# What determines the mass number in different isotopes?

## What determines the mass number in different isotopes?

In contrast, the number of neutrons for a given element can vary. Forms of the same atom that differ only in their number of neutrons are called isotopes. Together, the number of protons and the number of neutrons determine an element’s mass number: mass number = protons + neutrons.

## Why the three isotopes all have different atomic masses?

Isotopes of any given element all contain the same number of protons, so they have the same atomic number (for example, the atomic number of helium is always 2). Isotopes of a given element contain different numbers of neutrons, therefore, different isotopes have different mass numbers.

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Do isotopes have different atomic masses?

Isotopes are atoms with different atomic masses which have the same atomic number. The atoms of different isotopes are atoms of the same chemical element; they differ in the number of neutrons in the nucleus.

### Why do isotopes have same chemical properties but different mass number?

All the Isotopes of an element have identical chemical properties. The reason for this is because isotopes of an element have the same number of electrons as an atom of that element but they have different number of neutrons which affects the mass number.

### Why is the isotope mass not a whole number?

The reason for atomic mass not being a whole number is because atomic mass is reported as a weighted average of all the isotopes. For example, suppose 75 percent of the atoms for a hypothetical element have an atomic mass of 10. And the other 25 percent have an atomic mass of 11.

How will the mass of an isotope differ from the mass of the element?

Atoms of an element that contain different numbers of neutrons are called isotopes. Each isotope of a given element has the same atomic number but a different mass number (A), which is the sum of the numbers of protons and neutrons.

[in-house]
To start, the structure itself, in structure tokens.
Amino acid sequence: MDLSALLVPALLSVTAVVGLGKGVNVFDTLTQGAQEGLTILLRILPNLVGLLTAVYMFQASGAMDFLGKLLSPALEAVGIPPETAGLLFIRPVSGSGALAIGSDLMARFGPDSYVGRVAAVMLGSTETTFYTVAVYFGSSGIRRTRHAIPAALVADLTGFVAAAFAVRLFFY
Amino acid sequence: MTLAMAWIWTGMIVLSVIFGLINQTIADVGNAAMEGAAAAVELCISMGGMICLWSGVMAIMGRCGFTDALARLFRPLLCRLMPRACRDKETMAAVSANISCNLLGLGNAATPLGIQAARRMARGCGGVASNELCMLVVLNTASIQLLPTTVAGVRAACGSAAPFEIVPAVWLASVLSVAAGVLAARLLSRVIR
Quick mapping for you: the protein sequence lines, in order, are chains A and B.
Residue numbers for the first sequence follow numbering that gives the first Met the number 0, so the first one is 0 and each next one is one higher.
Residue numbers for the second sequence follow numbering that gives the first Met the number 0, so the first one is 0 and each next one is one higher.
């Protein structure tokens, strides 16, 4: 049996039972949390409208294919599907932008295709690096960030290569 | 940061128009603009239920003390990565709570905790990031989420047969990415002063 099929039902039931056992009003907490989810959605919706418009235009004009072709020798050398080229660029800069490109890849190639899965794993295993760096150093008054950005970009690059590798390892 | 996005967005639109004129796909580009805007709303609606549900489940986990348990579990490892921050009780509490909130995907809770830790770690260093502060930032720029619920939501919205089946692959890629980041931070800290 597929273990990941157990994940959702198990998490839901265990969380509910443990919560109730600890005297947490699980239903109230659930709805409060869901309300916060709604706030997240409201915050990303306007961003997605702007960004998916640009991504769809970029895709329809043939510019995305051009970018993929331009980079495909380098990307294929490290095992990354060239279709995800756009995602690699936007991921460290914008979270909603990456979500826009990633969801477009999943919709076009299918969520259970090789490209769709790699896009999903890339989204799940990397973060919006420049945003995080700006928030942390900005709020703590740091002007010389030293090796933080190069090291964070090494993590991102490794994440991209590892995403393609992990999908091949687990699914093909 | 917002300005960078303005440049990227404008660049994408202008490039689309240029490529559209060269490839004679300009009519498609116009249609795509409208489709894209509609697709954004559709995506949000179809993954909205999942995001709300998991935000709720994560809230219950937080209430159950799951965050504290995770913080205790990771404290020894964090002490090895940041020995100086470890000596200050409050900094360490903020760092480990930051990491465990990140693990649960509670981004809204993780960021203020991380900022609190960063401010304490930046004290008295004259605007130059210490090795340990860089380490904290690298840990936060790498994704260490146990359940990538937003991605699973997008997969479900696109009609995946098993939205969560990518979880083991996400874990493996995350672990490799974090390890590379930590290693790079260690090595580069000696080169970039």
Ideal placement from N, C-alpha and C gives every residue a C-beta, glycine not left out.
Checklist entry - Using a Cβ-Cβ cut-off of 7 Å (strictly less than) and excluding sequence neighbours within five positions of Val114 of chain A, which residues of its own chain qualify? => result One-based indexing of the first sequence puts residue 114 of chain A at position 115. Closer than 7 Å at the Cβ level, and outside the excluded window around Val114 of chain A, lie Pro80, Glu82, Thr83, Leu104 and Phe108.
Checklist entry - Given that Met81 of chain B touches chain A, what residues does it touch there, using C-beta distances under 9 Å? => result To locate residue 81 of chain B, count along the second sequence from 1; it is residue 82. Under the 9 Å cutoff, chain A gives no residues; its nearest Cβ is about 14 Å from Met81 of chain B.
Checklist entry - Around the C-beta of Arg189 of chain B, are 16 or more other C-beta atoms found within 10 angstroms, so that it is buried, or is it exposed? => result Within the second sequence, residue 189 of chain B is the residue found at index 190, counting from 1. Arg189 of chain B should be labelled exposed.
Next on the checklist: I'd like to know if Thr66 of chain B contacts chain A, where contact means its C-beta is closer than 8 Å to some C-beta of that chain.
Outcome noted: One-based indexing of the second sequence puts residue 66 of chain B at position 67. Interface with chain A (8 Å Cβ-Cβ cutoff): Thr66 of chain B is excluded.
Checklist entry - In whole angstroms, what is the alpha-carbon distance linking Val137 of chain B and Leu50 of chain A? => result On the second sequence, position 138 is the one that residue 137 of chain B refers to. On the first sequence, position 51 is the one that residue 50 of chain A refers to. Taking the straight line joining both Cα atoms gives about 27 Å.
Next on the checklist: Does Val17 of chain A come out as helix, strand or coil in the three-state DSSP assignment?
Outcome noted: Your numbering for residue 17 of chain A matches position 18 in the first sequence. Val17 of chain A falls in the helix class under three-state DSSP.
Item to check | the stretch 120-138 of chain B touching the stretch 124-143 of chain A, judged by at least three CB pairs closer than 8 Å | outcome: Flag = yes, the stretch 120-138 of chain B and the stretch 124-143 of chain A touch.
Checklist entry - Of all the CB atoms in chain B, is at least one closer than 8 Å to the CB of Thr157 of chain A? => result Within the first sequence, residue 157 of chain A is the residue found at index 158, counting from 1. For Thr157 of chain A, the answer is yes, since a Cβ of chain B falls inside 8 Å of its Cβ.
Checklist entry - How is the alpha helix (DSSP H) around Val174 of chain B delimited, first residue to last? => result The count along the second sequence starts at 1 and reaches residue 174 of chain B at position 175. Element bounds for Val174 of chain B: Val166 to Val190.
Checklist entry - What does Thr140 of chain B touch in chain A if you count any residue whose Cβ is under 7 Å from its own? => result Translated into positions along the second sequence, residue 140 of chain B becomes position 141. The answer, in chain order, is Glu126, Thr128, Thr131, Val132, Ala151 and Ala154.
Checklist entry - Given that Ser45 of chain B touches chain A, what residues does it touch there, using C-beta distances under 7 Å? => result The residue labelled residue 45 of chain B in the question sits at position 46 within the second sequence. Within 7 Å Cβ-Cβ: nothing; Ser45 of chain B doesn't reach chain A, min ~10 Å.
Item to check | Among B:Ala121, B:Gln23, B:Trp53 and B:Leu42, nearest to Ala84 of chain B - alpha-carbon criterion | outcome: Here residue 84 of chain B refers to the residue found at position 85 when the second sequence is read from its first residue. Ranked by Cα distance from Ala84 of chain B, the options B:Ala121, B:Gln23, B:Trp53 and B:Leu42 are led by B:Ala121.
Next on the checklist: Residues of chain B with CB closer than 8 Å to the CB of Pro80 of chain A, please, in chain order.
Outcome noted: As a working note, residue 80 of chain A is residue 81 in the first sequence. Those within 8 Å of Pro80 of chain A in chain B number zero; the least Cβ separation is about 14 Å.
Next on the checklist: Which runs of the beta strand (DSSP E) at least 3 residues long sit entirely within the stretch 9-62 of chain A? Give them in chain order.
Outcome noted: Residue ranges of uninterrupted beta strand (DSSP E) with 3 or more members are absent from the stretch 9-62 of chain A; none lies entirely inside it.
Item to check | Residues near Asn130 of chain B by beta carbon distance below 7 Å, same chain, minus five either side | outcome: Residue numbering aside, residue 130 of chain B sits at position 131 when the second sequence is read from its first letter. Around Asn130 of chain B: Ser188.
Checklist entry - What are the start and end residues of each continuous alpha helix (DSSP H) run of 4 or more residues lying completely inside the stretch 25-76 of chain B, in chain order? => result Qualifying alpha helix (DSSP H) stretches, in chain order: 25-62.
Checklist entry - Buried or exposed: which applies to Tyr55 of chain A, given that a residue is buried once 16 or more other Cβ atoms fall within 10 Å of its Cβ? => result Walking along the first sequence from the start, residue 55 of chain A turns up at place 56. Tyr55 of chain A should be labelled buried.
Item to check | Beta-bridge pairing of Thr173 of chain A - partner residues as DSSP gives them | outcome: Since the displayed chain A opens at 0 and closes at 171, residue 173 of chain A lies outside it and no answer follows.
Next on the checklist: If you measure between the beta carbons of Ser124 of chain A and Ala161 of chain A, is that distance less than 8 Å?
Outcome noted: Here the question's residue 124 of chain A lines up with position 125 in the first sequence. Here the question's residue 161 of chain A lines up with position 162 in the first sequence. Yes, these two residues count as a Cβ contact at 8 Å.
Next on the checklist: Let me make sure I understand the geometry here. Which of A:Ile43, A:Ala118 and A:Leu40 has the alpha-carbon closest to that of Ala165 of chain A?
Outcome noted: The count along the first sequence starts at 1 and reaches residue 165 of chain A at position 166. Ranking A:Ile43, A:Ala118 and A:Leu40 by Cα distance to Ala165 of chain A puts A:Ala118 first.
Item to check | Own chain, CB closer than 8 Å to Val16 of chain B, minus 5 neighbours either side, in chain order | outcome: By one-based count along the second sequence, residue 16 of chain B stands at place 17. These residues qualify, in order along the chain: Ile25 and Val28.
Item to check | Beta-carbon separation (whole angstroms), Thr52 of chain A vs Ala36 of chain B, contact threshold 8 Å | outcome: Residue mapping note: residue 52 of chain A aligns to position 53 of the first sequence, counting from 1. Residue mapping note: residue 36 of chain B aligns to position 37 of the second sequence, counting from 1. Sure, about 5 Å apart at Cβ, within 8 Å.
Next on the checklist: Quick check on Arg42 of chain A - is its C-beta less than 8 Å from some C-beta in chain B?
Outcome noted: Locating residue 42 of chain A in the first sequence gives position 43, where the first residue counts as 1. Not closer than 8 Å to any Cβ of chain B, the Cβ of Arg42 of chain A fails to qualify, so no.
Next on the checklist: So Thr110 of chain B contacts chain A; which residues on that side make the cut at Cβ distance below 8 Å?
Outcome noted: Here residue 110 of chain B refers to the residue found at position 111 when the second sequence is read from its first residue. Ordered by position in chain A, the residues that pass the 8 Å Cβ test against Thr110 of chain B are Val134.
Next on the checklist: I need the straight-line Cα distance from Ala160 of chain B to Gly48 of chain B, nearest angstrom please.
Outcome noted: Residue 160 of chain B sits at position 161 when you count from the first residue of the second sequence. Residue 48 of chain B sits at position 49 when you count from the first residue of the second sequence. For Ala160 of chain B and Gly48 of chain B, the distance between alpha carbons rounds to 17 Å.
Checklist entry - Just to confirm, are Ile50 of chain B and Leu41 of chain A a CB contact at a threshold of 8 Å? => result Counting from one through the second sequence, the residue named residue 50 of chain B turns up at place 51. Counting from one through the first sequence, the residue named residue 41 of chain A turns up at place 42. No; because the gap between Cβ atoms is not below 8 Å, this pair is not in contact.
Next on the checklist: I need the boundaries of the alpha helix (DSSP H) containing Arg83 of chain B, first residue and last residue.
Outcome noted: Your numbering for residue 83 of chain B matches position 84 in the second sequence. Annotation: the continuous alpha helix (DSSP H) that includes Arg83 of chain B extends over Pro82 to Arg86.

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## Do different isotopes of the same element have the same mass?

For atomic masses, neutrons do not have negligible mass (like the electron), so this therefore indicates different isotopes of the same element have different masses.

## Why do isotopes have slightly different physical properties?

Isotopes of an element have different physical properties because they have different mass numbers. When it comes to physical properties of isotopes including mass, melting or boiling point, density, and freezing point, they are all different. The physical properties of any isotope are largely determined by its mass.

Why do different isotopes of the same element have the same chemical properties?

Usually one or two isotopes of an element are the most stable and common. Different isotopes of an element generally have the same physical and chemical properties because they have the same numbers of protons and electrons.

### What do isotopes have in common How do isotopes differ?

An isotope is one of two or more forms of the same chemical element. Different isotopes of an element have the same number of protons in the nucleus, giving them the same atomic number, but a different number of neutrons giving each elemental isotope a different atomic weight.

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### Why do isotopes of the same element have different mass numbers?

Isotopes of an element differ in the number of neutrons in the nuclei so they have a different mass number as the mass number is the sum of a number of protons and neutrons in the nucleus. Answer verified by Toppr Upvote (4) Was this answer helpful?

What are the physical properties of isotopes?

When it comes to physical properties of isotopes including mass, melting or boiling point, density, and freezing point, they are all different. The physical properties of any isotope are largely determined by its mass. We may differentiate one isotope from another by understanding the differences.

## Are isotopes of the same element artificial in nature?

There’s nothing artificial about it. Isotopes are atoms of the same element, with the same electron configuration, hence the same chemical properties. The only chemical differences are decidedly second or third order, even for hydrogen where the mass differences are actual multiples rather than mere fractions.